Contrasting and safe


Chemists from the Novosibirsk Institute of Organic Chemistry SB RAS and the International Tomography Centre SB RAS have developed new, original groups of nitroxyls and metal complexes that have proved unusually well soluble and very resistant in aqueous solutions.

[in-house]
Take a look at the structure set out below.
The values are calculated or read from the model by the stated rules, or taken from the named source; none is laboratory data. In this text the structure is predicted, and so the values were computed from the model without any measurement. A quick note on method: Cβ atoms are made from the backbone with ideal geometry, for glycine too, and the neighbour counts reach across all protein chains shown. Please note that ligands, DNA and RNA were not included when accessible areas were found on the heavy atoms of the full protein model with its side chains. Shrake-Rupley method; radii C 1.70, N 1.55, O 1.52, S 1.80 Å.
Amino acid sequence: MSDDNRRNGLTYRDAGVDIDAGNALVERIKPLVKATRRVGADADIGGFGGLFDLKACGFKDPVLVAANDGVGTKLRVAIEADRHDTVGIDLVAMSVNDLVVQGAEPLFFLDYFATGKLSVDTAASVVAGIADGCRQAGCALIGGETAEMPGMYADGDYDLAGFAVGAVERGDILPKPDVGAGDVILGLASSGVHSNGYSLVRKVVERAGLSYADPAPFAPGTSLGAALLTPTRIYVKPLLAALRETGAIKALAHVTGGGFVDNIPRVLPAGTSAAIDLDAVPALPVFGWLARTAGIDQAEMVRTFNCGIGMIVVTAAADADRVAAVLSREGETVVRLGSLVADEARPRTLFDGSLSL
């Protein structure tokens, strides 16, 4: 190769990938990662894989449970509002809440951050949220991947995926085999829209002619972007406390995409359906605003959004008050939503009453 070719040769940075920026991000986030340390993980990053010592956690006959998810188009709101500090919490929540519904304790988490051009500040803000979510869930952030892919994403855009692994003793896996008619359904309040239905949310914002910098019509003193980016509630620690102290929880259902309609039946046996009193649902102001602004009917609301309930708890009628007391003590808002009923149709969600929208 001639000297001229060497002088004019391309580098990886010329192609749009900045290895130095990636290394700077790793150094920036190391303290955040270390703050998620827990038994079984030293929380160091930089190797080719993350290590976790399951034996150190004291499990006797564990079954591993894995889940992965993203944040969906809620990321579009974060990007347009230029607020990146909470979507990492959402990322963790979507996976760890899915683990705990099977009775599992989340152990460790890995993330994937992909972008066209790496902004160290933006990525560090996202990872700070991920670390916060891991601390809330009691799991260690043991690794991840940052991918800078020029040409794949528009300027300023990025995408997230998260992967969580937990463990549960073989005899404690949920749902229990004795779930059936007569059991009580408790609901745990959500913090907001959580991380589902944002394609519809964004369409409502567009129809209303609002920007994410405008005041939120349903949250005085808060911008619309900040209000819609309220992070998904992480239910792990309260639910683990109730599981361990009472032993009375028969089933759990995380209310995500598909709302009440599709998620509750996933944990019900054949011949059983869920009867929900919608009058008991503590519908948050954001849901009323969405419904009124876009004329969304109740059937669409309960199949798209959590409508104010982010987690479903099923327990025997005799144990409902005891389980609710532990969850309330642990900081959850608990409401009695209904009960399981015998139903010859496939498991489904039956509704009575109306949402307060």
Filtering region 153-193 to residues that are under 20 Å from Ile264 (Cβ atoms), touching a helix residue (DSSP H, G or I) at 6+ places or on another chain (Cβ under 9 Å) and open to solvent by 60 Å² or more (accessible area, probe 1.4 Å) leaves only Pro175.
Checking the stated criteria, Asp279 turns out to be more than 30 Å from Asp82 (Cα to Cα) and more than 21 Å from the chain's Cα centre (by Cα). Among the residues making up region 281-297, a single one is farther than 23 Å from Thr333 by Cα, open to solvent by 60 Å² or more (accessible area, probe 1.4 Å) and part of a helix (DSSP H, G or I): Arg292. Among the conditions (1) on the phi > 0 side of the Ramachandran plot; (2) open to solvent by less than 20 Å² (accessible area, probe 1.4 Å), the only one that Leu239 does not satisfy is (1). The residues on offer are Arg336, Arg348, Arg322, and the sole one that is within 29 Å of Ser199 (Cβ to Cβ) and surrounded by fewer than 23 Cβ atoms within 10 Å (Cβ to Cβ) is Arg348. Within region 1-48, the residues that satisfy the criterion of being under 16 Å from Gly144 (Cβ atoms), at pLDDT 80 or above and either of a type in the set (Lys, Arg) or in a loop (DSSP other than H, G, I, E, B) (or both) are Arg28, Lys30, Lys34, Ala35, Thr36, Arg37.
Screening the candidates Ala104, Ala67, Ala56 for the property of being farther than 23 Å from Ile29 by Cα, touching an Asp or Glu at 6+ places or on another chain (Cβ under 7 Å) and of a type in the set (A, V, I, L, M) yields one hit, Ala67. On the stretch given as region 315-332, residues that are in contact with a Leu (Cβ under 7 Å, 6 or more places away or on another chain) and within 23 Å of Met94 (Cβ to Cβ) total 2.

These interesting properties have impelled the scientists to attempt to use them in magnetic resonance tomography, as contrasting means. Experiments confirmed their high efficiency as contrasting agents in the reconstruction of the images of internal tissues of living organisms and pathological processes. Even with the modern level of technical development, it is not always possible to sufficiently depict the studied tissue. To enhance the signal from the pathological nidus in the organism special substances are now used that penetrate the area affected and enhance the contrast. Cadmium salts are often used for these purposes, yet this is not a safe practice. Therefore the scientists have developed organic paramagnetic substances on the basis of non-toxic and stable nitroxyls. The stumbling point in the development and application of such substances has been that the majority of known nitroxyl compounds do not dissolve well in water or are unstable when in contact with living tissues and, as a result, lose their paramagnetic properties (which give the contrast of the tomographic image). The chemists overcame these difficulties, having turned nitroxyl radicals into imidazoline nitroxyl radicals, which are usually stable in liquid media. These are the first examples of a paramagnetic organic nature that could be effective means for magnetic resonance tomography.